What's your poison like? Oh, you know I'm really good at drinking vodka and over time I got too good at it and I realized that it wasn't conducive to being as healthy as I could be. And I ended up quitting drinking and just used cannabis for the same reasons why I was drinking, which was for decompression - to decompress at the end of the day and find a way to relax. Plus, all the other athletic benefits that I was noticing. So there were two things combined together to be a really powerful combination where I was able to drop something that wasn't as healthy for me and double down on something that I felt was. And now, 25 years later, we have the proof to back up how I was feeling about it.

Would you say that cannabis is a performance enhancer?

I think the word performance is stigmatized and has its own stereotype, right? But I think in the true sense of the word, cannabis isn't necessarily going to give you the ability to all of a sudden run more quickly between doing one sprint and then smoking a joint and doing another sprint. I don't think it's going to work that way.

But I have made the argument that it is performance-enhancing on a different level as far as consistency. Like I said with sleep habits, eat habits, even when you're supposed to go to the gym for the millionth time in a row and it's pouring fucking rain at 5:00 o'clock in the morning and you don't really want to do it, and you have a little bong hit and all of a sudden you're feeling a little bit more motivated. And then you end up in the gym doing your workout. All those things are conducive to marginal gains and an increased level of performance.

As the founder and CEO of Ross' Gold, a lifestyle brand dedicated to providing surefire cannabis to Canadians, what inspired you to create this brand?

My love of cannabis and a healthy lifestyle and how I use cannabis around those parameters, combined with my crazy cannabis story of testing positive for it at the Olympics then losing my medal, and the only time in history they ever gave back a gold medal. I mean this wasn't just an opportunity for me. That just was a 100% fit for my character and my passion for the idea that we can help people feel better.

And that's our goal, which is to feel better. So those are the motivations that I had. Unfortunately, it took longer than I expected for brands to be a thing in the industry. When we launched Ross' Gold 12 years ago, you had to be an LP (licensed producer), and that wasn't something that we were interested in. We never tried to do that.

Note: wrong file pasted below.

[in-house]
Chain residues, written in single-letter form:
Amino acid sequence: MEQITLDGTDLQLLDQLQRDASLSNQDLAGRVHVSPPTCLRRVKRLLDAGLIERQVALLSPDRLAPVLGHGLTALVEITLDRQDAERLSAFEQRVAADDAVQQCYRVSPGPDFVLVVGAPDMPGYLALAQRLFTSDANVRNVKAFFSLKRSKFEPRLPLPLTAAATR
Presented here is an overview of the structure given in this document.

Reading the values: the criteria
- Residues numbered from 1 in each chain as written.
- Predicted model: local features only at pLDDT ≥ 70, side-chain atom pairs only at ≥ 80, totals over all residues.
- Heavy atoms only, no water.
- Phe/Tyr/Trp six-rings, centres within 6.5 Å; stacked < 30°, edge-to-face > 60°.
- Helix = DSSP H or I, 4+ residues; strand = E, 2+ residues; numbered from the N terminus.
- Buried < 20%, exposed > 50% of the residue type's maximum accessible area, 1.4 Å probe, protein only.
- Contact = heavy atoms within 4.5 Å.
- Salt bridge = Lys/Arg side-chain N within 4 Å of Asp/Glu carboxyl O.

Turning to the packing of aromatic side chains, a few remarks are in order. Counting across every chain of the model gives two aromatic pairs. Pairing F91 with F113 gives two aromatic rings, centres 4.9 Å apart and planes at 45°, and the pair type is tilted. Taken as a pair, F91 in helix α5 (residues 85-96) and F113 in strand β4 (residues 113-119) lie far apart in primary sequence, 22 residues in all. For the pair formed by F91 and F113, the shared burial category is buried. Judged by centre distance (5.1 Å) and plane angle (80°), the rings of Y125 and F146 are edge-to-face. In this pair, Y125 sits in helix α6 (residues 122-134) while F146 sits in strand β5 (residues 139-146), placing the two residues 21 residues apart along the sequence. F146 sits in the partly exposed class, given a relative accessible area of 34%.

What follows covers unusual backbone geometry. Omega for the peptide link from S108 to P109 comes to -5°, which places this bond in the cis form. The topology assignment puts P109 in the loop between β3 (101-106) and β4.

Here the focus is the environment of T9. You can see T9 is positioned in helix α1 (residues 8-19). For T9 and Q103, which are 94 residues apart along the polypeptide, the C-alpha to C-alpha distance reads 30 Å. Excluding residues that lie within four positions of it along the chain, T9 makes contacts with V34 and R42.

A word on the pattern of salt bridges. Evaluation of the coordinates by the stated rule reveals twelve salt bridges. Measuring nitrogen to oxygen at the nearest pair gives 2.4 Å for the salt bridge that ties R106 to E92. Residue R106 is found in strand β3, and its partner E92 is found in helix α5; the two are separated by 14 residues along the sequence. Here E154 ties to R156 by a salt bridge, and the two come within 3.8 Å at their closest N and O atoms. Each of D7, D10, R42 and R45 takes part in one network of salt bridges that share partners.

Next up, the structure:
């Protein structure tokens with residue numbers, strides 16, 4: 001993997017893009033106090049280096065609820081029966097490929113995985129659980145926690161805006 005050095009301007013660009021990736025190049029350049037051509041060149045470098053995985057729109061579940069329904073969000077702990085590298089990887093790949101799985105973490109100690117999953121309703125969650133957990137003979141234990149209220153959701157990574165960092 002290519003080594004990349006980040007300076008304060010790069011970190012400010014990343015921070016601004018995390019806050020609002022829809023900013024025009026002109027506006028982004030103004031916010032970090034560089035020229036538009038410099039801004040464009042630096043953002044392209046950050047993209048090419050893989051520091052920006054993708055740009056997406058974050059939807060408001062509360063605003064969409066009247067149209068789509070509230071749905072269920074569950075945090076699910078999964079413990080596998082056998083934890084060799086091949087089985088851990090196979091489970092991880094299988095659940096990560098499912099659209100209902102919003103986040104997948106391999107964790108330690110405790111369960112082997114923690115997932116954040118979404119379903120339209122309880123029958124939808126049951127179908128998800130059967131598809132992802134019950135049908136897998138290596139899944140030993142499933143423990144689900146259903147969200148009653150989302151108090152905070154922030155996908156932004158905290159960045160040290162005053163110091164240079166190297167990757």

The basis of a good brand has to have a good story behind it and I felt like we had that great story. I have this passion for cannabis and, over the 25 years since Nagano, I was a part of the bigger movement to legalize cannabis and have it on the kitchen table and be part of that conversation that people were having around the kitchen table about cannabis, back in the day when I was at the Olympics. 

You were quite forward-thinking 25 years ago and it took a lot of courage to make the decision to advocate as you did. Credit to you for using your platform to advocate for change, even at the risk of your own reputation.

I was keenly aware of the opportunities that were lost because of the story of cannabis. As soon as the story broke, I knew that was probably the only way I was going to be able to convert my notoriety into a living. Luckily for me, it was something that I was down to do because I believed in cannabis and I believed in the wrongfulness of prohibition.

Since I was 12 years old, I've been listening to Peter Tosh talking about legalizing it and wondering, why is this guy here? He's a reputable musician, he's saying to legalize it. Bob Marley saying to legalize it, Cypress Hill saying to legalize it, and Snoop Dogg saying to legalize it, right?

So I said I'm going to use some of my own judgment here and just double down. The powers that are at play don't necessarily have our best interests in mind and me realizing that at the time, I was not going to let this opportunity slip through my fingers, man. This was my chance to get behind cannabis and make it right.

What makes Ross' Gold unique and different from other cannabis brands out there in Canada?